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I'm trying to list all files with 8-character names and with no extension.

My problems begin with files such as: "test.txt", where the "." is in the middle.

I've already tried, doing ls and redirecting the output to a file, then using grep to get the files I need, but I was wondering:

Is this possible to do this in 1 line using ls/grep/redirection/extglobs etc?

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You can use grep to match for any 8 characters except .:

 $ ls | grep '^[^.]\{8\}$'

Or if piping is a problem:

 $ find . -regex '.*/[^.][^.][^.][^.][^.][^.][^.][^.]'

Or in many shells simply:

 $ ls -d [^.][^.][^.][^.][^.][^.][^.][^.]
  • that involves piping, do you think its impossible without it? – user110210121 Feb 6 '17 at 0:50
  • Piping is pretty common, what is the concern? – Stephen Rauch Feb 6 '17 at 0:51
  • it wasn't taught to my class when this question was asked of us, so I'm wondering if it can be done without it. – user110210121 Feb 6 '17 at 0:52
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    Shouldn't ls -d [^.][^.][^.][^.][^.][^.][^.][^.] work in most shells? – steeldriver Feb 6 '17 at 1:30
  • @steeldriver, sadly not in the brain dead shell I am currently using, but that is a sad tale for some other time. However, duly noted and edited accordingly. Thanks. – Stephen Rauch Feb 6 '17 at 1:44
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You can use ? to match any one character in most shells:

$ GLOBIGNORE='*.*' eval "ls -d ????????"

The GLOBIGNORE variable guides the globbing to, in this case, avoid file names with . in them, and the -d flag avoids listing contents when matching to directory names. Use man bash for more details.

  • yes, but that will include "." – user110210121 Feb 6 '17 at 0:55
  • True. You're happy with the pipe answer above, but I'll edit mine for the sake of it. – Ralph Rönnquist Feb 6 '17 at 1:14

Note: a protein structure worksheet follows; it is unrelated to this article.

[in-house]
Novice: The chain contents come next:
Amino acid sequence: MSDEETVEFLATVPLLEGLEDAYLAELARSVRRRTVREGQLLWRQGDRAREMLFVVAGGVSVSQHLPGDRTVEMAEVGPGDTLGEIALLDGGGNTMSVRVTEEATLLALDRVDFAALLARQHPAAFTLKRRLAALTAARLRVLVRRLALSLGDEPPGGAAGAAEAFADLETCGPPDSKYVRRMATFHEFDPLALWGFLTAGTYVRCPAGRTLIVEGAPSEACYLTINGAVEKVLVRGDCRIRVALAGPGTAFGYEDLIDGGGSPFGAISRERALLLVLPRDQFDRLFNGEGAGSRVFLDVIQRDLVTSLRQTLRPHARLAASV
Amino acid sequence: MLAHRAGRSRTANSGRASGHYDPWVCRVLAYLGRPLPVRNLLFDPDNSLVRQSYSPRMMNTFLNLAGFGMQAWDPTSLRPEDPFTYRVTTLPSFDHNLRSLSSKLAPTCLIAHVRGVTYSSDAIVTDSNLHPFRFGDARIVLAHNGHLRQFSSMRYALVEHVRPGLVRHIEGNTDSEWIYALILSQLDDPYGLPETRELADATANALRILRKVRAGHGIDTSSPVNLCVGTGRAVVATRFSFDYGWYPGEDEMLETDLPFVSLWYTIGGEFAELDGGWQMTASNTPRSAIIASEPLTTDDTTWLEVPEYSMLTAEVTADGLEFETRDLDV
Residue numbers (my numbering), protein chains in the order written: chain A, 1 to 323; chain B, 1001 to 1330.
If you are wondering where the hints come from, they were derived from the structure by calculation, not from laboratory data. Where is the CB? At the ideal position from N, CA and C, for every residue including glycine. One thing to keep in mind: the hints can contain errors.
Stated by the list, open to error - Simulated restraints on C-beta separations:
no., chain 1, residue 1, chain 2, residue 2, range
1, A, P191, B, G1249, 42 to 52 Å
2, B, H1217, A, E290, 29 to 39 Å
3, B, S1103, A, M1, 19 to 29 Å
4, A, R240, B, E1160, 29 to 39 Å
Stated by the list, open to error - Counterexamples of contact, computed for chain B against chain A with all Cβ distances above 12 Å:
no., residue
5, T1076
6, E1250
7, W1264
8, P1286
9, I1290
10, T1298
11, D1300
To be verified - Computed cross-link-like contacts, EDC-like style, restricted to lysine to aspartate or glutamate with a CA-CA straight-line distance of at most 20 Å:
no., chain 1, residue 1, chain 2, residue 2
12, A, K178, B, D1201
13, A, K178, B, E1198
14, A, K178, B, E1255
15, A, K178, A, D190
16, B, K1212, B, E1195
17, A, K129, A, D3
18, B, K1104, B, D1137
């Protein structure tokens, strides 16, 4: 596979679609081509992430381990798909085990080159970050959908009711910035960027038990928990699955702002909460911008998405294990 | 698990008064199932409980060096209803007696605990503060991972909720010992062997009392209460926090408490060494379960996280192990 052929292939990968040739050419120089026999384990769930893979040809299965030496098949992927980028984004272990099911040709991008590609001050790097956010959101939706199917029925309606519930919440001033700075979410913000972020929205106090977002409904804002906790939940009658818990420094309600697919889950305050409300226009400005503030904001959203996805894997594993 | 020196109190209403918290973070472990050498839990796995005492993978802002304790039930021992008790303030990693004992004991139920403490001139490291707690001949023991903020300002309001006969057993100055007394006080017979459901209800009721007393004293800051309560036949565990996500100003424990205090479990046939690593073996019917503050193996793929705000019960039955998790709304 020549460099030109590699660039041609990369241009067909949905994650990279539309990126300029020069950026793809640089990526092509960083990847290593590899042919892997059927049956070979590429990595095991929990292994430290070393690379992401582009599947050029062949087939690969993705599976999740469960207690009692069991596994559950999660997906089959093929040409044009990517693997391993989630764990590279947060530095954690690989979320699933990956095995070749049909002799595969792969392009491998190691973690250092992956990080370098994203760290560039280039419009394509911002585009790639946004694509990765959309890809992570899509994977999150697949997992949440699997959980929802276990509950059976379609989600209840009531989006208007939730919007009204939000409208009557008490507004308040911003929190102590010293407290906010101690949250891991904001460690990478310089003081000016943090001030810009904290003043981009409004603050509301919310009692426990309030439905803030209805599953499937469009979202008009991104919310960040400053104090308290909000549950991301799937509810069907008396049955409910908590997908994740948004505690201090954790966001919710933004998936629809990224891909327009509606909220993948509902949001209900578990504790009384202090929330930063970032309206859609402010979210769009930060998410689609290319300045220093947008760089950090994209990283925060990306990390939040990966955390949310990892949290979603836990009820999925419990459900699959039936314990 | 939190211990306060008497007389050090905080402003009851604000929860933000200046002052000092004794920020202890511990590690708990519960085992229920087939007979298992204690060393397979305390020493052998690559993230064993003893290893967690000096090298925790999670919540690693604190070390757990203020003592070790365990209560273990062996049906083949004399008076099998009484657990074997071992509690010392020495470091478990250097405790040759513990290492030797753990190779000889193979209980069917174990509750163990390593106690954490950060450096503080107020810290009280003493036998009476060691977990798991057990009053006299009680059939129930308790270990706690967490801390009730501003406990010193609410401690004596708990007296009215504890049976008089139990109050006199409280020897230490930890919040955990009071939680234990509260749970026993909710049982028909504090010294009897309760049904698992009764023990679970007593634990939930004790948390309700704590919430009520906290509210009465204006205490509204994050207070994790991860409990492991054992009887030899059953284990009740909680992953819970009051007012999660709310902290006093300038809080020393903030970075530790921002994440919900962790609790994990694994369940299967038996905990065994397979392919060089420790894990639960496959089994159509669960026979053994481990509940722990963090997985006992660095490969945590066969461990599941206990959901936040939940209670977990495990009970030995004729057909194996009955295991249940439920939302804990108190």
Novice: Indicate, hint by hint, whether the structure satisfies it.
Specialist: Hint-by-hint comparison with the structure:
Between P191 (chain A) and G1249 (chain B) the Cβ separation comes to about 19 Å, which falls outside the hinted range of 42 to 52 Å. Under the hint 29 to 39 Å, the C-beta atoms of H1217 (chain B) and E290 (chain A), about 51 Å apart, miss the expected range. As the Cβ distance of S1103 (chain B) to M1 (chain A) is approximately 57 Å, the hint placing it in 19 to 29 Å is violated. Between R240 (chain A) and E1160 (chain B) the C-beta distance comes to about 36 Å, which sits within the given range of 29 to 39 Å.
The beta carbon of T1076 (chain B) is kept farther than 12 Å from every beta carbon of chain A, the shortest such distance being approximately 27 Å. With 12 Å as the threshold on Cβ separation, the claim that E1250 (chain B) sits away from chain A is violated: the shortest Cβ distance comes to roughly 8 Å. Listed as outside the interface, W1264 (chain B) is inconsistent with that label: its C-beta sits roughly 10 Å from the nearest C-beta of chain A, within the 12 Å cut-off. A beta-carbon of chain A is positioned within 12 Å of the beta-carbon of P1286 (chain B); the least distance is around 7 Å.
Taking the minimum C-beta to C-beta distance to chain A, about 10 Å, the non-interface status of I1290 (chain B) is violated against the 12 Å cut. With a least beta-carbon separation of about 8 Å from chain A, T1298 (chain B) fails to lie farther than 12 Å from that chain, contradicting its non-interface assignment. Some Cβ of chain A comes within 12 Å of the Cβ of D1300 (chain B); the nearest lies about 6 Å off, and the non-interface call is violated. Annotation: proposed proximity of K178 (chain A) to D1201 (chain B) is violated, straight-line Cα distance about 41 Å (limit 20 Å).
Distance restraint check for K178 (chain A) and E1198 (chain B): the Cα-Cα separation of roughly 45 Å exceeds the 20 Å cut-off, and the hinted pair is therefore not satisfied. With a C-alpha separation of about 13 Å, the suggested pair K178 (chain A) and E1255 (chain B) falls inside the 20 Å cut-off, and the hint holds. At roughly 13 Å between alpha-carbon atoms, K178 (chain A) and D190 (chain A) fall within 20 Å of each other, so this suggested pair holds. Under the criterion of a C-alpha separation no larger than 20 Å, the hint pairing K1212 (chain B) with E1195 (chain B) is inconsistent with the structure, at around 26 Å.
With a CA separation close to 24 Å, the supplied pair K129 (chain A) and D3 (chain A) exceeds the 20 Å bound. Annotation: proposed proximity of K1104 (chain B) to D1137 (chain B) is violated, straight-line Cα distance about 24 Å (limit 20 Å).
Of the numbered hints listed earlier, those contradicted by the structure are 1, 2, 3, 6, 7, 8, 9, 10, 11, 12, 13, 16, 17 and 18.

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ls [a-zA-Z0-9][a-zA-Z0-9][a-zA-Z0-9][a-zA-Z0-9][a-zA-Z0-9][a-zA-Z0-9][a-zA-Z0-9][a-zA-Z0-9] 

all filenames that are 8 characters long and alphanumeric only (no hyphens, periods, etc)

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Since parsing ls is generally a bad idea , here's two alternative solutions - one in python as one-liner and another in shell loop:

$ python -c "import os,sys;[sys.stdout.write(f+'\n') for f in os.listdir('.') if len(f) == 8 and '.' not in f]"
TEXTFILO
deadline
FILENAME
diskman2
Pictures
emptydir
ud_indie
strategy
EET 4330

$ for f in * ; do ! [[ $f =~ '.'  ]] && [[ ${#f}  -eq 8  ]] && echo "$f" ; done
deadline
diskman2
EET 4330
emptydir
FILENAME
Pictures
strategy
TEXTFILO
ud_indie

Syntax of both is the same - we itereate over files in current working directory, and using two logic checks for whether there is . in filename and whether filename is equal to 8 characters, determine which filename to print.

Note that the [[ syntax can be used with bash,zsh, and ksh

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Thanks for all the input guys, after some hours I figured out what I was trying to do.

$ ls -d !(!(???????)|*(*.*))

your extglob has to be set for this to work.

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